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Deteriorating water quality and decreasing water quantity are causing a water crisis in Iraq. The crisis is having a profoundly negative impact on people's livelihoods and on the economy. In the most water-stressed areas, vulnerable people have had to move from rural areas where water is scarce to urban areas, placing additional pressure on the water supply.

To mitigate the impact of water scarcity on the most vulnerable people in rural areas, the United Nations Children's Fund has worked in partnership with the Iraqi Water Authorities on a programme to increase access to more resilient water services in some highly vulnerable rural and conflict affected areas of Iraq where water services are unreliable. One major contributing factor to the problem of access to water was the unreliability of the electrical supply, particularly in the summer months. The programme identified that an alternative to grid electrical power was needed to achieve a more reliable source of energy for water provision.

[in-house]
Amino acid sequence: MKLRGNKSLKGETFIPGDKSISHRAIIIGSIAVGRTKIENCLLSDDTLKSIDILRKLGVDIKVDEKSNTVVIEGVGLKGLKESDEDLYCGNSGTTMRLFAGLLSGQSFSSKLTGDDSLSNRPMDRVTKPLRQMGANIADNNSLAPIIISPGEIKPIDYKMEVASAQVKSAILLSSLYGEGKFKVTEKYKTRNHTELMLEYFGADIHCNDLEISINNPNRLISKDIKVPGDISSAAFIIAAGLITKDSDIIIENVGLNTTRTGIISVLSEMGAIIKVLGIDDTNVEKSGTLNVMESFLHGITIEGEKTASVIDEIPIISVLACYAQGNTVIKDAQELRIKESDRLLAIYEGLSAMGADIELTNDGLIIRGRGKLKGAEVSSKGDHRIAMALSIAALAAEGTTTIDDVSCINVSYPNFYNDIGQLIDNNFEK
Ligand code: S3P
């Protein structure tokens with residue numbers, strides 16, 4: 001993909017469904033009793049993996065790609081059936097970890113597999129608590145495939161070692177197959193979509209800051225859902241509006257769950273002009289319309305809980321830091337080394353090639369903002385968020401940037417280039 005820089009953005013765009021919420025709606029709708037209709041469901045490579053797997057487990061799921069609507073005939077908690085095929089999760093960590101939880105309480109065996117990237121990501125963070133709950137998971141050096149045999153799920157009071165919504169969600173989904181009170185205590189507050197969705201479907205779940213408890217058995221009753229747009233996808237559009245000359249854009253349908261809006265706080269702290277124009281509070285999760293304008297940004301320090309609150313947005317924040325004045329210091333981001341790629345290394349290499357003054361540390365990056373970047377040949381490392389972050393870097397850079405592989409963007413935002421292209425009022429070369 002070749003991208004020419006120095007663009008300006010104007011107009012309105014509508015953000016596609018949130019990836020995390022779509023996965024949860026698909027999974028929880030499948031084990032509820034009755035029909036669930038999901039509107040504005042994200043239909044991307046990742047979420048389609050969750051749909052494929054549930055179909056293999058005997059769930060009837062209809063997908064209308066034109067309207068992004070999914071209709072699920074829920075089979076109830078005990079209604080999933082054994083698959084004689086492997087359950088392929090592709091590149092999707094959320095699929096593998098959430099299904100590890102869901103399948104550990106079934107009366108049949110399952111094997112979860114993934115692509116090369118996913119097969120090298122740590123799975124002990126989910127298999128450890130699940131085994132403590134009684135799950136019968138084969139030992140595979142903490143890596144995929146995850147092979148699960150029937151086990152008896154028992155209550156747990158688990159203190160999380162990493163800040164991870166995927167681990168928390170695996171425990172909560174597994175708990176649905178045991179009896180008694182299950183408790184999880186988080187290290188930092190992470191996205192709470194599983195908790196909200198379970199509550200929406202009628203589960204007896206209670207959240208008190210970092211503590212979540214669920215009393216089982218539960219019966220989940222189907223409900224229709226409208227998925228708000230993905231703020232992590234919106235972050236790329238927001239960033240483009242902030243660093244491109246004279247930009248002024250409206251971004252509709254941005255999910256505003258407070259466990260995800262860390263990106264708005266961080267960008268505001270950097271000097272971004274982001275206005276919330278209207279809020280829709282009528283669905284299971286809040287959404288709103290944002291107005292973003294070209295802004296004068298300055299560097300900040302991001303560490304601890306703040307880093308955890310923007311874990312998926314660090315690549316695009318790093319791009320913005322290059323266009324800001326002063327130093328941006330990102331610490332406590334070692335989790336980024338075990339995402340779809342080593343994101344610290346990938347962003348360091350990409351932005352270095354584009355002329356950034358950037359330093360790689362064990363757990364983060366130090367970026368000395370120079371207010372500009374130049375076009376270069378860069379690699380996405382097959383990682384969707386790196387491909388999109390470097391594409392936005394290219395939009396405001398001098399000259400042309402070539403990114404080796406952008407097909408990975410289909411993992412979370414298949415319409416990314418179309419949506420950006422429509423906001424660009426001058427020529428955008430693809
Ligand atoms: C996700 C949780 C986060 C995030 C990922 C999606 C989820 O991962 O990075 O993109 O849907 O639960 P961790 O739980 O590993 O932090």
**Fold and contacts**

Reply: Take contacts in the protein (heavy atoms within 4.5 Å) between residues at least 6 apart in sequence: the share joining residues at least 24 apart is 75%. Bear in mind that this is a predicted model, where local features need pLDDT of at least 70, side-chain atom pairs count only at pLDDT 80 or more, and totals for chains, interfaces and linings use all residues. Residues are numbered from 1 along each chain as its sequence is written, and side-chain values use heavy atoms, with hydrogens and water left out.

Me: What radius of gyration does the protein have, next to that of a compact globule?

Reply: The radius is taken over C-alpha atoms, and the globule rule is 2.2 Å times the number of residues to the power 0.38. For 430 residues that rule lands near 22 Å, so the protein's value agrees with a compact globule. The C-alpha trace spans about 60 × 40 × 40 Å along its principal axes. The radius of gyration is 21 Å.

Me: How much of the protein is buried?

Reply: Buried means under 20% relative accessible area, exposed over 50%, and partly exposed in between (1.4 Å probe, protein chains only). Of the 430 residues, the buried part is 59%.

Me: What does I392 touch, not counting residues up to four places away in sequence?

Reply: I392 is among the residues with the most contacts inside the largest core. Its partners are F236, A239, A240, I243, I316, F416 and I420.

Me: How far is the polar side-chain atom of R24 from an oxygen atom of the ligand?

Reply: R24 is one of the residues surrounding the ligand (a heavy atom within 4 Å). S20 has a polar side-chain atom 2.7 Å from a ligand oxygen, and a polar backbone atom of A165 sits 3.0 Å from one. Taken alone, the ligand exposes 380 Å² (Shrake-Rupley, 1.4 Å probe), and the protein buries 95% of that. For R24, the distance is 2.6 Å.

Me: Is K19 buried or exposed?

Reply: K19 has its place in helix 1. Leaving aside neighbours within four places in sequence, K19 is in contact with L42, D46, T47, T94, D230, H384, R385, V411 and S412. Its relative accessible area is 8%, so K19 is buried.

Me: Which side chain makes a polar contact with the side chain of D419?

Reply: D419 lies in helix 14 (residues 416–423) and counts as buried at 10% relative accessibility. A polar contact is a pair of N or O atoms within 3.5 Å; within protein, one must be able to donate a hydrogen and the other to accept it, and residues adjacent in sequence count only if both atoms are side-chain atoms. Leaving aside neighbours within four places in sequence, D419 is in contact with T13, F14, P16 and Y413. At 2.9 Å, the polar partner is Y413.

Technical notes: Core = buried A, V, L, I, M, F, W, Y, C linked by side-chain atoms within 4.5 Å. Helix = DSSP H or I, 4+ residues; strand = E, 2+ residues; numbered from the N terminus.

The programme installed solar-powered water systems in two vulnerable districts in northern Iraq: Shekhan district, Ninewa, and Makhmur, Erbil. These systems are now providing sustainable, predictable and reliable water services to two vulnerable districts which had previously suffered extensively from power shortages and service interruptions. The water from the new solar-powered systems provides access to safe water for refugees and internally displaced people, as well as local communities. Importantly, the programme has increased water conservation and efficiency and helped to strengthen community resilience. It has also highlighted the need for adaptive and innovative technological solutions, which can support more effective disaster response and recovery.

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